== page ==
SYDNEY – Australian police have charged a 16-year-old boy with planning a terrorism act allegedly linked to today’s Anzac Day commemorations which honour soldiers who fought and died for the country.
As dawn services around the nation prepared to remember fallen soldiers, New South Wales counter-terror police said they had arrested the teen near his home in Auburn in Sydney’s west on Sunday.
"Clearly we have taken swift action to ensure community safety on the eve of a sacred day on the Australian calendar," New South Wales Police Commissioner Andrew Scipione said in a statement.
"I want to assure the New South Wales community that our counter terrorism capability is such that we were able to move quickly to prevent harm." The youth has been charged with one count of acts in preparation for, or planning, a terrorist act, but there were no further details on the alleged plans.
The offence carries a maximum penalty of life imprisonment.
Scipione said the boy’s young age was "obviously a concern for us, and it remains a measure of the ongoing task facing law enforcement and the community." "Anzac Day should be observed by all in our community free from fear and I would encourage everyone to enjoy this special day," he added.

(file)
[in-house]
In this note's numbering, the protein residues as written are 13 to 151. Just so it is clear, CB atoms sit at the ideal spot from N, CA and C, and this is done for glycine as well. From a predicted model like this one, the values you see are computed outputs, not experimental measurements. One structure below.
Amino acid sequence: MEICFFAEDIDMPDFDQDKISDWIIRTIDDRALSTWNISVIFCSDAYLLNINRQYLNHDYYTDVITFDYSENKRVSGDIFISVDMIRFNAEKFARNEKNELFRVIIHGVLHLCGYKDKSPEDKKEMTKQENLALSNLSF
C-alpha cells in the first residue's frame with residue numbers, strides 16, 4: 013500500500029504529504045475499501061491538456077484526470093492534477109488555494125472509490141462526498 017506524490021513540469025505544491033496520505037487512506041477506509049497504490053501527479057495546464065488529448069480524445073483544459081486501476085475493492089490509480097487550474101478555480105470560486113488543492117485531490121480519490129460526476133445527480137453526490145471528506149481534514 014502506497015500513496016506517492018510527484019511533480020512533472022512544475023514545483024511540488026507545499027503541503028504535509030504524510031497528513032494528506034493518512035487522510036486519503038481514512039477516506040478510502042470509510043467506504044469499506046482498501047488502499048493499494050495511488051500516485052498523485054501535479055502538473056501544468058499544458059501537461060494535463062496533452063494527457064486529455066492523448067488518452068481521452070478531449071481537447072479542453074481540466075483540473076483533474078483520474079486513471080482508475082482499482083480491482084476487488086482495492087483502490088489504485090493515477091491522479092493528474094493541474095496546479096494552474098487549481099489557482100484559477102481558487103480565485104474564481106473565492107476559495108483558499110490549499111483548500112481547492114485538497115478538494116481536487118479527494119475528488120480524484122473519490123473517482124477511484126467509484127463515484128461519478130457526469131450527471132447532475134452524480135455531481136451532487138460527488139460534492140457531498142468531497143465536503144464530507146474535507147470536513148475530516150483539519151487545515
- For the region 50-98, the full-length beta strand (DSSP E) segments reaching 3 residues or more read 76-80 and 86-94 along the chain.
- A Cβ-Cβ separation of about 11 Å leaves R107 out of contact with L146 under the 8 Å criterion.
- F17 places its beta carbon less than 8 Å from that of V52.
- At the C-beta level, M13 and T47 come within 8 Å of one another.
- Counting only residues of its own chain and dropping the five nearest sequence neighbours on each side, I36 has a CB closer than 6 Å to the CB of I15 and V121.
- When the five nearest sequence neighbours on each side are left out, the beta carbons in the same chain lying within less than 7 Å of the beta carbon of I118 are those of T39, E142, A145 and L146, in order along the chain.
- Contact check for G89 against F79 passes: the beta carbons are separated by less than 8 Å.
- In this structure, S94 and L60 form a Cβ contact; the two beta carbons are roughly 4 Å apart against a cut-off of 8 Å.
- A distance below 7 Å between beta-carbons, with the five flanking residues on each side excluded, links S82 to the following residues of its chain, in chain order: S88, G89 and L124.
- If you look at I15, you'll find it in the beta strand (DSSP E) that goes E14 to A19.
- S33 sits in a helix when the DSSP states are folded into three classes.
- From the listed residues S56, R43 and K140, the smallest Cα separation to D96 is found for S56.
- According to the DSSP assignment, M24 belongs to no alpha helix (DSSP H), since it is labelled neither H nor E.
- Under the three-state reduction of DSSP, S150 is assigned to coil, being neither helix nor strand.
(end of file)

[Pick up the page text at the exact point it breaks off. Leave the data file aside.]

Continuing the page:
The 16-year-old was denied bail and was due to appear in a children’s court later today, police said.
New South Wales Premier Mike Baird said Australians should not be deterred from attending events today to remember those who served as Australian and New Zealand Army Corps (ANZAC) soldiers.
"This is a day where we should be out, commemorating such a proud day of our history," he said.
"Where we come and commemorate those many lives that have been lost defending this nation, defending our freedoms, and that is exactly what we should be doing today."
But he admitted that "clearly the events are disturbing. The actions proposed are disturbing". Australian Federal Police Sydney state manager Commander Chris Sheehan said social inclusion was critical to providing a counter-narrative to extremist ideology.
"In Australia and around the world, the age of people radicalised is getting younger, with online grooming tactics similar to those used by sexual predators," he said.
Canberra has been increasingly concerned about home-grown extremism and raised the terror threat alert level to high in September 2014.
Authorities have since conducted a series of counter-terrorism raids in various cities, while the government has passed new national security laws. — AFP